Public safety comes from curbing violence, not just reacting to it

Posted on January 9, 2023 in Child & Family Debates

Source: — Authors: , – Opinion/Contributors
Jan. 9, 2023.   By Jeffrey Bradley, Irvin Waller, Contributors

Smart investment in tackling the root causes of violence reduces the need for police responses after the fact. We urgently need to implement a plan.

In 2022, the Toronto Star editorial board called on municipalities to put their money where their mouth is by matching any increase in police budgets with the same increase for the prevention of crime. Toronto Mayor John Tory is recommending $48 million to better respond to emergencies after they have occurred. Maybe it is time to get serious about preventing those emergencies in the first place by investing $48 million in proactive and proven solutions.

Toronto has gradually increased police budgets over the last two decades. In major part, salaries for police officers have grown significantly more than inflation. What is clear for Toronto (and even clearer for U.S. cities like Chicago) is that hiring more police or paying them more has little to do with whether property or violent crime goes up or down. Increasing the police budget without tackling the causes of crime has left Toronto without enough officers to respond to a growth in 911 calls requesting police response.

Tory claims that his top priority is to reduce crime, but his proposed increase to the police budget is about responding to rising levels of violent crime rather than making Toronto safer by reducing it.

What is clear in 2023 is that we can identify a short list of strategies that reduced violent crime significantly and relatively quickly, because we have solid proof that they have worked elsewhere.

Tory has access to the knowledge and expertise to take a proactive approach that will reduce violence by 50 per cent before 2026. This requires smart increases in funding for outreach to youth, caseworkers working with victims of violence, education curriculum to change attitudes, creating training and jobs, basic income incentives, mentoring and trauma counselling.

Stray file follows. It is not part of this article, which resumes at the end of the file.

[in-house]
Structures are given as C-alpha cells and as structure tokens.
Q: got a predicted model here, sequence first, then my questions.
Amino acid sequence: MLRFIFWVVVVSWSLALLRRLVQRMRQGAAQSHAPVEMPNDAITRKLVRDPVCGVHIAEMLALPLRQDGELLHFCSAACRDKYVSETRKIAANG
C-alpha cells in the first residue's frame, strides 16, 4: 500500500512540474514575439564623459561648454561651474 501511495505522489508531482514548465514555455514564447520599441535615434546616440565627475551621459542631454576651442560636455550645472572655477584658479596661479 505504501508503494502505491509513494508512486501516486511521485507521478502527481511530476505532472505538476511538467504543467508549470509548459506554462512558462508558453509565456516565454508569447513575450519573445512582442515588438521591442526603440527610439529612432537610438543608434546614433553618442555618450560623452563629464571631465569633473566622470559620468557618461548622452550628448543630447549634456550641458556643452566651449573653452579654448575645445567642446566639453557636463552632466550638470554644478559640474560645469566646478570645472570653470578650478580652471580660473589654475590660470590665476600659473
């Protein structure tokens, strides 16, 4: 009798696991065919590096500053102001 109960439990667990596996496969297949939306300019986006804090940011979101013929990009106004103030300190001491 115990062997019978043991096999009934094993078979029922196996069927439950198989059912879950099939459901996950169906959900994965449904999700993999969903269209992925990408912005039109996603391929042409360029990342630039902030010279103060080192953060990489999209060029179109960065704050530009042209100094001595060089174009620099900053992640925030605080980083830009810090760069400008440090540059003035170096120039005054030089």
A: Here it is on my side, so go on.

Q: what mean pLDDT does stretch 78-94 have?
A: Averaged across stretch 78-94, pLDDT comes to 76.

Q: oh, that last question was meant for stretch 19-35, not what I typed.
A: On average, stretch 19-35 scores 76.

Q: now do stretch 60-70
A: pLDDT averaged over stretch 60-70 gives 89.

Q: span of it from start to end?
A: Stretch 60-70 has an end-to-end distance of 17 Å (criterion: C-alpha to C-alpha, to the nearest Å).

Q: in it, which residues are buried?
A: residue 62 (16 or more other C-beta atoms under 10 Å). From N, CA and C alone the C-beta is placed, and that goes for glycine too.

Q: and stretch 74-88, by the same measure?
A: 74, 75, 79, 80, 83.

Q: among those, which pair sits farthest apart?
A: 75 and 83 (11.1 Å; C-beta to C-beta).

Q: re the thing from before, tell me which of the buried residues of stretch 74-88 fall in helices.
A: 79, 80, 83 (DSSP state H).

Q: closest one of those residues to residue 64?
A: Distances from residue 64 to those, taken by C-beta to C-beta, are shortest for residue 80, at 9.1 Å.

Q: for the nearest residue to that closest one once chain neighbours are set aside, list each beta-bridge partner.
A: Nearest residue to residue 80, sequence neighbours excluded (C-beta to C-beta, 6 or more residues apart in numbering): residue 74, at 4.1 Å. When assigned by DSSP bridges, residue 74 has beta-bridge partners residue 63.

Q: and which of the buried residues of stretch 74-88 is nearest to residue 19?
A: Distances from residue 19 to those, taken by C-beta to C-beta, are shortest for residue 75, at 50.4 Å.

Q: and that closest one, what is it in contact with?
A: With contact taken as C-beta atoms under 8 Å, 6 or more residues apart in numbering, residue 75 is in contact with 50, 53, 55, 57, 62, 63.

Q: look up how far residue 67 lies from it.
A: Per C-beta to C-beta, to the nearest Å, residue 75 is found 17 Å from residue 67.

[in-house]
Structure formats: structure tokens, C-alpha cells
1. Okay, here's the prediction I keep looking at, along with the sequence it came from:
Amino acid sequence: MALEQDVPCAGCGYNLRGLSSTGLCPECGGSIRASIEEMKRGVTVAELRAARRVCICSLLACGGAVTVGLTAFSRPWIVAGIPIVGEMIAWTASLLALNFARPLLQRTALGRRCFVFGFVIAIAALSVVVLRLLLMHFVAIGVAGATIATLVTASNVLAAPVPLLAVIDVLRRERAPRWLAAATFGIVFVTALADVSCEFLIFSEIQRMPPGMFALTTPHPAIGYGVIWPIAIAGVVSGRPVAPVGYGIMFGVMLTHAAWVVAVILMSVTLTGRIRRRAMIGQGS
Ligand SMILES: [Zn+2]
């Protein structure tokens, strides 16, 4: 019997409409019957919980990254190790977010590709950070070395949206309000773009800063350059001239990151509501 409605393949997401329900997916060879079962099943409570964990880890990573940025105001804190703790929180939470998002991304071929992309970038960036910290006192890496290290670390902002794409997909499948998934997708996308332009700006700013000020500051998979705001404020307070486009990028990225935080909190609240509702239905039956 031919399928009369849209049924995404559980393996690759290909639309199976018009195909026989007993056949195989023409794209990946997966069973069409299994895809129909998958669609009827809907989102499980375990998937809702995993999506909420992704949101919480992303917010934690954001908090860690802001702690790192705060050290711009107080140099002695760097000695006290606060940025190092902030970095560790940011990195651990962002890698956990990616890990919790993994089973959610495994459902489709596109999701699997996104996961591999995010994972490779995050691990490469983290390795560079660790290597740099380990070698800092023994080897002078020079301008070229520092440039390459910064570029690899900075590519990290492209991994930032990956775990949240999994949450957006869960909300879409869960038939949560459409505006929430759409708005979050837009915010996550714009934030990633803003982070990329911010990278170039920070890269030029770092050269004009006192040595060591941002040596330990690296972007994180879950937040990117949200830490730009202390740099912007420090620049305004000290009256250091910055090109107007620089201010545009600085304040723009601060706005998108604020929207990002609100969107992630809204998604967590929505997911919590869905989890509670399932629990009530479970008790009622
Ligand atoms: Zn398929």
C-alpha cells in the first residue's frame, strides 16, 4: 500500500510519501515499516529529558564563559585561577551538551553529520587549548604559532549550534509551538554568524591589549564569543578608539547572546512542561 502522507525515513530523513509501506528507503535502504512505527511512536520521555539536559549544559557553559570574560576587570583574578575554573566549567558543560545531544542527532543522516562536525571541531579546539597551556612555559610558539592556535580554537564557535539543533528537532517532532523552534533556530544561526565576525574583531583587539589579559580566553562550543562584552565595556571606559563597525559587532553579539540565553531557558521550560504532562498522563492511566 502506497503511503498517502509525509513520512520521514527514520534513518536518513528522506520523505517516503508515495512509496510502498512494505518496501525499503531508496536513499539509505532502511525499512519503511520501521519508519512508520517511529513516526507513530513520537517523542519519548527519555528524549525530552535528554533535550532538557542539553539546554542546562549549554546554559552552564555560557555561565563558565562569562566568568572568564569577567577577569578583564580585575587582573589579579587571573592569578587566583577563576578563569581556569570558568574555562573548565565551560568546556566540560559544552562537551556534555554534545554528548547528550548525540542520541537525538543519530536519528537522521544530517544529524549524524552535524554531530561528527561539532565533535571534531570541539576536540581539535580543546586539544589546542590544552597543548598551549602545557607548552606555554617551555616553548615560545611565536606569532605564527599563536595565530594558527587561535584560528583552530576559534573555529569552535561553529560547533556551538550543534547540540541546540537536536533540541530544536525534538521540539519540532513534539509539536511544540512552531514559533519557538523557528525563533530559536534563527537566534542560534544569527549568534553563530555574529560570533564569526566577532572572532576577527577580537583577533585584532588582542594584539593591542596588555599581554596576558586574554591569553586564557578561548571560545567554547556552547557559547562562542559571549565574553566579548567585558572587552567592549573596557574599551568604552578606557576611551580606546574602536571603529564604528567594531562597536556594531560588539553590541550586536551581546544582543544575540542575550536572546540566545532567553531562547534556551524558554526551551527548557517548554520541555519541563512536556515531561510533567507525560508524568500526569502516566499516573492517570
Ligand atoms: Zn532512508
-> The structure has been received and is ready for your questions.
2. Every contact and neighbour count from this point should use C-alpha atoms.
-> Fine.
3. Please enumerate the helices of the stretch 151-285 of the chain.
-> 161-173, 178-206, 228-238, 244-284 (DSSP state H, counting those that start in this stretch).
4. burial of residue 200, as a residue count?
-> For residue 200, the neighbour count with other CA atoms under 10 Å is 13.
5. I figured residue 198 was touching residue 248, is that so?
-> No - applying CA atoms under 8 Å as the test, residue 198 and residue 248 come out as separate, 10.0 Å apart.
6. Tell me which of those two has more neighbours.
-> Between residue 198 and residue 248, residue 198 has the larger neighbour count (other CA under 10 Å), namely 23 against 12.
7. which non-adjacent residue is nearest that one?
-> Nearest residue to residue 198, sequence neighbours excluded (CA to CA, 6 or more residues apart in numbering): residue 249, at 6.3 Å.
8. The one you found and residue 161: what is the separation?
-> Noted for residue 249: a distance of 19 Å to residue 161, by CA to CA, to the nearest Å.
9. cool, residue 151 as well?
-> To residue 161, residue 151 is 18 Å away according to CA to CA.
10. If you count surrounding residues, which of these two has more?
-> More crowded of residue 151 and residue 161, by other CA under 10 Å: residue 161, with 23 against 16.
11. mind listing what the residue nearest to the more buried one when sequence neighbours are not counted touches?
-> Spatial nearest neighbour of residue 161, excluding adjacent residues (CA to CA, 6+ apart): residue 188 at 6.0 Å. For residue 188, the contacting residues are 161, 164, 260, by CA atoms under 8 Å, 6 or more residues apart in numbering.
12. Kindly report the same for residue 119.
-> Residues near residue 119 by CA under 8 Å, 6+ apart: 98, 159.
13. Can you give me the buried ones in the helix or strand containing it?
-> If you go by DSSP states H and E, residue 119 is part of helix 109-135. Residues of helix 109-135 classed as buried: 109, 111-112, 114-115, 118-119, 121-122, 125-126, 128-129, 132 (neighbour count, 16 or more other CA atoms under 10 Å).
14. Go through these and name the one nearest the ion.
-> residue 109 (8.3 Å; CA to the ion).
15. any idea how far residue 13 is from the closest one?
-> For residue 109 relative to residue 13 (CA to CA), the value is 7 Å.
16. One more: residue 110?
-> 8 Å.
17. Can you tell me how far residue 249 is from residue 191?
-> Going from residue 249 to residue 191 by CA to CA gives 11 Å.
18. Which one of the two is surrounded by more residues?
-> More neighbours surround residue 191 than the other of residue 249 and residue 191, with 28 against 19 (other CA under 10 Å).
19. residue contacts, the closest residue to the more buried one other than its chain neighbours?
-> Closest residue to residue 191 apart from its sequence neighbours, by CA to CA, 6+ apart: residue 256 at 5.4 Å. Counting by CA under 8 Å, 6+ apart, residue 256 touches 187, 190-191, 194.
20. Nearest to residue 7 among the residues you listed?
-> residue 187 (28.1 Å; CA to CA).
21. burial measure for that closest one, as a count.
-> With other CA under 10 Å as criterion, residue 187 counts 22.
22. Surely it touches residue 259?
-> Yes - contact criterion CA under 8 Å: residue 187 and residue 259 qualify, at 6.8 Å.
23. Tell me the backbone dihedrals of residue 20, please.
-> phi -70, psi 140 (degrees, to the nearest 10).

Funding must be increased for interventions already started in Toronto:

Tory knows that policing in Toronto is disproportionately harsh on people who are Black, Indigenous, unhoused, sex workers, and/or part of other marginalized groups. Yet investing in proactive prevention is achieving positive goals for them. For young men, it is saving lives, stopping trauma and injury, and investing in their futures.

Toronto urgently needs to implement a plan to reduce violent crime by 50 per cent in the next four years. Toronto is working on an evidence-based community safety plan as required by the province, based on identified priorities. These programs and initiatives require strong planning, training for officials to implement, sustainable funding and evaluations to ensure effectiveness.

Glasgow, once deemed the “murder capital of Europe,” demonstrated to the western world that violence is not inevitable — but you must establish a violence reduction unit and implement proven programming. It was so successful that London’s mayor decided to set up a violence reduction unit with sustained funding and community expertise for the engagement of the public. Why not Toronto?

It is time to get upstream of the emergencies. Not only because it is the right thing to do, but also because it will alleviate the need for annual increases to policing that take away from so many other budget priorities.

Matching Tory’s proposed $48 million for police with $48 million for proactive solutions would buy Torontonians fewer injuries and deaths from guns and stabbing, decreases in serious injuries and assaults, less gender-based violence, less crime against personal property, and better feelings of safety for all.

After all, that is what Torontonians want, and they are not unusual. National surveys show the public supports violence prevention two to one over police, courts and prisons — and for every dollar invested, we will see at least a seven-dollar return.

Jeffrey Bradley is a PhD candidate in legal studies at Carleton University. Irvin Waller is professor emeritus of criminology at the University of Ottawa.

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